Félix (habitseven) Many are called but few are chosen.


message 27: by janine (new)

janine | 7715 comments Clark wrote: "Cannont understand some of my peers' infatuation with 20-something women, as if talking about Lady Gaga, hearing every statement intoned like a question, and watching them constantly and habitually text would be anyone's idea of a good time."

that stereotype doesn't fit me or any of my friends. ok, we occasionally talk about lady gaga.


message 28: by Félix (new)

Félix (habitseven) Lady Gaga was here (right here in River City!) over the holidays. Most people didn't recognize her with somewhat normal attire and makeup.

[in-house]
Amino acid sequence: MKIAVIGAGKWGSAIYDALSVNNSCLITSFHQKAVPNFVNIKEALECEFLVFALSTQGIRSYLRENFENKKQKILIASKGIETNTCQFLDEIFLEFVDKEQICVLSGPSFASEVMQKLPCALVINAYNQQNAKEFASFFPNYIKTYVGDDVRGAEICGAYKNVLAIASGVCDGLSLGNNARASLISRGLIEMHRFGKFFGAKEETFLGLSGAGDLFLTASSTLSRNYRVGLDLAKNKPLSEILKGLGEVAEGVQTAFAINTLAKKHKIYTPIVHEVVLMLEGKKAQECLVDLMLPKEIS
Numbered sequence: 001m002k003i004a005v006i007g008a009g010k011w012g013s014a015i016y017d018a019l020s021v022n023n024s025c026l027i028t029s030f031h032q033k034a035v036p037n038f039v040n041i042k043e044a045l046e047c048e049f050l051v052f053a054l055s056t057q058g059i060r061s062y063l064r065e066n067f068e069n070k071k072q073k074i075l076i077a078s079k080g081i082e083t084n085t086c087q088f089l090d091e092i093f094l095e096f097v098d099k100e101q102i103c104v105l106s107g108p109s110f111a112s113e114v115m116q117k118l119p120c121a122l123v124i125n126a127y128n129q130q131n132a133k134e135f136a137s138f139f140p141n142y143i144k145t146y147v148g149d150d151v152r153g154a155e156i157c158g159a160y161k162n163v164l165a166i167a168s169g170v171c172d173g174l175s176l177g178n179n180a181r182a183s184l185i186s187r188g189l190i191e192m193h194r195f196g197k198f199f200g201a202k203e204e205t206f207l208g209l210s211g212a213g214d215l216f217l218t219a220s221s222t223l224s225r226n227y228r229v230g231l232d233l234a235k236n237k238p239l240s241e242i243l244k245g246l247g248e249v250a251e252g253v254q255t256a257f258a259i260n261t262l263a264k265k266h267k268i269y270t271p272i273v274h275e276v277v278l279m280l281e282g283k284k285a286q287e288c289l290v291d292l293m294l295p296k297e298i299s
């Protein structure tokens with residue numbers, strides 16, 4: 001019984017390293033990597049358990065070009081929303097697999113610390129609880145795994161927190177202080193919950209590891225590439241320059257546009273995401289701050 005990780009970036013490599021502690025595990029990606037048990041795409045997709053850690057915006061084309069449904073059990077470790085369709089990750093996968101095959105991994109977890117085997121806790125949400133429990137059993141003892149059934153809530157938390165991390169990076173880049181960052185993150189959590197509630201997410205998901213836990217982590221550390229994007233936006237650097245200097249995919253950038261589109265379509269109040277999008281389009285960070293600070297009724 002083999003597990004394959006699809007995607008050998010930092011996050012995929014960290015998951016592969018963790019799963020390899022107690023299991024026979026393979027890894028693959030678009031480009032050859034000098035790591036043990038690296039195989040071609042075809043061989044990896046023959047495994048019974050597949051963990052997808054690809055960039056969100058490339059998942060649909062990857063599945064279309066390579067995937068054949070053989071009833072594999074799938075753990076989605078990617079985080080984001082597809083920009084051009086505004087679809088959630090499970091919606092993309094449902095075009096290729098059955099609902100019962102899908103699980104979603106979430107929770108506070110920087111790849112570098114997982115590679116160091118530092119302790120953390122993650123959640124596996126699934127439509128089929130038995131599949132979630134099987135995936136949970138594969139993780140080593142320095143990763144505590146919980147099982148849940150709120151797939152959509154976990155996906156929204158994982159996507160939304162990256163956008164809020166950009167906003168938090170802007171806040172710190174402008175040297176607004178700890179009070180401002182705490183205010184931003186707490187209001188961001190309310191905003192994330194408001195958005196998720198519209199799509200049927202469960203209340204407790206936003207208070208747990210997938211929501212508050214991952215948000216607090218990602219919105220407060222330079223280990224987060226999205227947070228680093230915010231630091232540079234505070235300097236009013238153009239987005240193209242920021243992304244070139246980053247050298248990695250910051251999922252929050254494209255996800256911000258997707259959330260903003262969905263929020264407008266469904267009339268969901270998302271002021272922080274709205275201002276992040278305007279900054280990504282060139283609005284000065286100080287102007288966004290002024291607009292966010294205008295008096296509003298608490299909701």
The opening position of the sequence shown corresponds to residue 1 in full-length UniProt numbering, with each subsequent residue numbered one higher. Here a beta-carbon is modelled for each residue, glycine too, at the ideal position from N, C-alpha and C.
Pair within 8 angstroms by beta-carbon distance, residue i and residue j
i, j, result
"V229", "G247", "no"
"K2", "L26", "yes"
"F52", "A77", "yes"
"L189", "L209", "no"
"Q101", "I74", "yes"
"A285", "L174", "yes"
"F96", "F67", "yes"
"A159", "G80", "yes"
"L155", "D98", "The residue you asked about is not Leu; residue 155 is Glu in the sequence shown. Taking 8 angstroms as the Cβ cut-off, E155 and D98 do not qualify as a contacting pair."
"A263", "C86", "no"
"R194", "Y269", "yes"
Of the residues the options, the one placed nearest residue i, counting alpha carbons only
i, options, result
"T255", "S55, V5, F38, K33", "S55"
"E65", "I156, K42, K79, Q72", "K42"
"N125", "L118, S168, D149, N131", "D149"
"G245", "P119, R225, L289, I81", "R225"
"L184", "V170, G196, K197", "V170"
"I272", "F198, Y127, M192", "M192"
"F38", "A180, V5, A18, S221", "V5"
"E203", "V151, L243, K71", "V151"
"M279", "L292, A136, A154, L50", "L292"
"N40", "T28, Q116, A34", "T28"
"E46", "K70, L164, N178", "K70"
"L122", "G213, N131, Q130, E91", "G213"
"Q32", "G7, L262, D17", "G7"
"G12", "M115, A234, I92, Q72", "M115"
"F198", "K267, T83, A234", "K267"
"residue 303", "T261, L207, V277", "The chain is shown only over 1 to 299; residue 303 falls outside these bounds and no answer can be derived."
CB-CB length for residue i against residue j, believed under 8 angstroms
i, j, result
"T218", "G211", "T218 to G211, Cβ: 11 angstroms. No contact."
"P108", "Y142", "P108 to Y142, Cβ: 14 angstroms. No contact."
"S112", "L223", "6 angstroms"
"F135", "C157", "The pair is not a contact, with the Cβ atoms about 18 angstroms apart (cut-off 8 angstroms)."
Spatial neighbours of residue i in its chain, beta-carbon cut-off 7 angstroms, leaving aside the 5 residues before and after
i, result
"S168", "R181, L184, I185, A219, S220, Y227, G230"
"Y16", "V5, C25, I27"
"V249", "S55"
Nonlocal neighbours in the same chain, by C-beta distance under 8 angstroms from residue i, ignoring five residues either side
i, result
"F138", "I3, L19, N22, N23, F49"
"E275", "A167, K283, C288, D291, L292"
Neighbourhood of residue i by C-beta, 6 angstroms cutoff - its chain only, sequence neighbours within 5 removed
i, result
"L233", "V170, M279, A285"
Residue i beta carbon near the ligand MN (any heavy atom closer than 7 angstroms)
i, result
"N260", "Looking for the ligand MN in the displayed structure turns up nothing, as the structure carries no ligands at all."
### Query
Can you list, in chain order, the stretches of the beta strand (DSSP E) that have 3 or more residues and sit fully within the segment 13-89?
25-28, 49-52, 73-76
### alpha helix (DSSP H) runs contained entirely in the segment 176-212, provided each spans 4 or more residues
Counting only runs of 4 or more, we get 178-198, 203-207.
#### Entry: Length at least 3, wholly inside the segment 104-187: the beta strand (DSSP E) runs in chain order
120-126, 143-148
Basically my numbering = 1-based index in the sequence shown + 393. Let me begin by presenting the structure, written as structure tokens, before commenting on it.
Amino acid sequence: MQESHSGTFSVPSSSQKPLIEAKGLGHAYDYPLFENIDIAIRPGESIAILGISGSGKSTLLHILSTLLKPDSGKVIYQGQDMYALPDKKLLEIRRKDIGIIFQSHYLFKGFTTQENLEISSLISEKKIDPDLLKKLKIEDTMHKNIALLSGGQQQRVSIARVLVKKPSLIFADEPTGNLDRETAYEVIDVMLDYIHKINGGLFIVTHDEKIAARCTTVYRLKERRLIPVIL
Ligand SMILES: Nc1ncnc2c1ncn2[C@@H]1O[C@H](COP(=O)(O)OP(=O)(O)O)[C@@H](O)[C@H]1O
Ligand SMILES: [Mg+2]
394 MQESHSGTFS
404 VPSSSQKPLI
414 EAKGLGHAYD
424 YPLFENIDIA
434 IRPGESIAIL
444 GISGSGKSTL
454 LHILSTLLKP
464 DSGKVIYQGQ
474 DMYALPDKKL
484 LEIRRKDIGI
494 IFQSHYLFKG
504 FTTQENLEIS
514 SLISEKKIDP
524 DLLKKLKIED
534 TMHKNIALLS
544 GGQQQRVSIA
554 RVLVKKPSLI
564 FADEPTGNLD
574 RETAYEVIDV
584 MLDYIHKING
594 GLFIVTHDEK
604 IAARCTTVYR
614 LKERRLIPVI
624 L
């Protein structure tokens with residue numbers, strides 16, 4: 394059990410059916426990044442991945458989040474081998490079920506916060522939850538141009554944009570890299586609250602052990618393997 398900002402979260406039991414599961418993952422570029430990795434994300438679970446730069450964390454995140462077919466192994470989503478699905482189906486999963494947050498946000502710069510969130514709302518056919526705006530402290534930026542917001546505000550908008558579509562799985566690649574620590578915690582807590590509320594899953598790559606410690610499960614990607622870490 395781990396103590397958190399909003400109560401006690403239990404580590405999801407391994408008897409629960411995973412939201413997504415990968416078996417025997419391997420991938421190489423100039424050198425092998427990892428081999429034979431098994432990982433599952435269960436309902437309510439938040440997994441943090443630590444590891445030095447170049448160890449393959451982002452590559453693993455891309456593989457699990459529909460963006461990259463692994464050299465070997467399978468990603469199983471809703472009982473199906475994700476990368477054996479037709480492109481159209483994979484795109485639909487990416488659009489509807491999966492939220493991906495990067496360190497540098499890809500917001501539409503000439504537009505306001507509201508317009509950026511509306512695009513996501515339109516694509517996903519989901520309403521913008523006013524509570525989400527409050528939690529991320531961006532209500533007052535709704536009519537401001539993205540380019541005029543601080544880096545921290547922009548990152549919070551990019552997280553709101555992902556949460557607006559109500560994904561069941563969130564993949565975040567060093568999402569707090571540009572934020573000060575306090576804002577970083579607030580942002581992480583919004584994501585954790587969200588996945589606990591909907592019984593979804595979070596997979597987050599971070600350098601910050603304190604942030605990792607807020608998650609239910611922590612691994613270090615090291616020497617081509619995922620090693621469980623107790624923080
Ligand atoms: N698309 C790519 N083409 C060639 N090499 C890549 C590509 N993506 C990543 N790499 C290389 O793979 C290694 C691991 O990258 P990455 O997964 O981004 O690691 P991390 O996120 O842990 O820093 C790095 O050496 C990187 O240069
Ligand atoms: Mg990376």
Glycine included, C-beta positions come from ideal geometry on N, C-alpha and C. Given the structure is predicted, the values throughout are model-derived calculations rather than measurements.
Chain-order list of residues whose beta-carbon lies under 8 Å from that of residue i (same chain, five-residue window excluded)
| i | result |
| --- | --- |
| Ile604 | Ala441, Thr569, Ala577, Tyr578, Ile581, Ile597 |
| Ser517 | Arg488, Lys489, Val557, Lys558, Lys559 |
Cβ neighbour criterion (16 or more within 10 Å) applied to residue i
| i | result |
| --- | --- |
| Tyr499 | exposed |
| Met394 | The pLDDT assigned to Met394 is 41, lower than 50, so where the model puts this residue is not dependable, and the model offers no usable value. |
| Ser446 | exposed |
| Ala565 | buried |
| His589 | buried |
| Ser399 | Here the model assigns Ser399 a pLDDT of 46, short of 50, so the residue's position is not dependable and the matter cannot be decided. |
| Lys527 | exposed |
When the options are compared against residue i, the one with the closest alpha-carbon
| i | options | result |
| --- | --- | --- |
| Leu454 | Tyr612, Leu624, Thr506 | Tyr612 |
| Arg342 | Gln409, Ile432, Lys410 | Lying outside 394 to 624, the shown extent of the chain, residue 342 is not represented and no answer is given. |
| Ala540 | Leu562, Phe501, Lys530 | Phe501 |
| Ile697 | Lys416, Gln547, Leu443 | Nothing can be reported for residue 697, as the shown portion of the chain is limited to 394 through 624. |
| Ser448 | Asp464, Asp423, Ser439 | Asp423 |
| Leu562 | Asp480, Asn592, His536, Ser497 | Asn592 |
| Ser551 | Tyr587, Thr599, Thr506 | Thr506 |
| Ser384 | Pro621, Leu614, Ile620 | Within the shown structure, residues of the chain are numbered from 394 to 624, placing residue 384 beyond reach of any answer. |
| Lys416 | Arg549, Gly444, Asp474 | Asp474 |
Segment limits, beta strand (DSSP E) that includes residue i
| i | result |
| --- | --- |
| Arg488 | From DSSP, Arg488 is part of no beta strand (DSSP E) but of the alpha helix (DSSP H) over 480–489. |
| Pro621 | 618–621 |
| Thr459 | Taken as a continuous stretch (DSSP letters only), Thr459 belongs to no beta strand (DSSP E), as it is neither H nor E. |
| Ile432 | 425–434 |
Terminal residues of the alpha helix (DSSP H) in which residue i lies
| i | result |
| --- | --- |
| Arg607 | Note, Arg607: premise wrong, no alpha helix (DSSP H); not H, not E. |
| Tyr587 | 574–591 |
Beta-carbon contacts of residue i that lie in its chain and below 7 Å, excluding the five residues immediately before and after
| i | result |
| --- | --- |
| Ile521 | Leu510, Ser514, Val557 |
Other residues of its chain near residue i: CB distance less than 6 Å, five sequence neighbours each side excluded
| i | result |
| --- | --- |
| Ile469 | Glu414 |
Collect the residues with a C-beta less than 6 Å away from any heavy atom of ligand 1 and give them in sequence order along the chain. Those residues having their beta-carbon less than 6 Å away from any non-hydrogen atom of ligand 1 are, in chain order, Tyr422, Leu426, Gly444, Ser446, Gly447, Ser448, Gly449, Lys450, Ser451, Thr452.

message 29: by Félix (new)

Félix (habitseven) janine wrote: "that stereotype doesn't fit me or any of my friends. ok, we occasionally talk about lady gaga."

I hate stereotypes. I know plenty of women in their 20s who are bright, well informed, and articulate.


message 30: by Jonathan (new)

Jonathan Lopez | 4728 comments BunWat wrote: "...and the dutch oven for homicidal."

I think a 10" skillet might make the optimal cast-iron-kitchen-implement weapon. The handle would make it easy to swing. The Dutch oven, although heavier, could be somewhat unwieldy.


message 31: by Félix (new)

Félix (habitseven) I would use the dutch oven as a helmet.


message 32: by Jonathan (new)

Jonathan Lopez | 4728 comments Wise, Larry. Very wise.


message 33: by janine (new)

janine | 7715 comments use earbuds too, in case someone bangs the 10" skillet on it.


message 34: by Jonathan (new)

Jonathan Lopez | 4728 comments Also wise.


message 35: by Félix (new)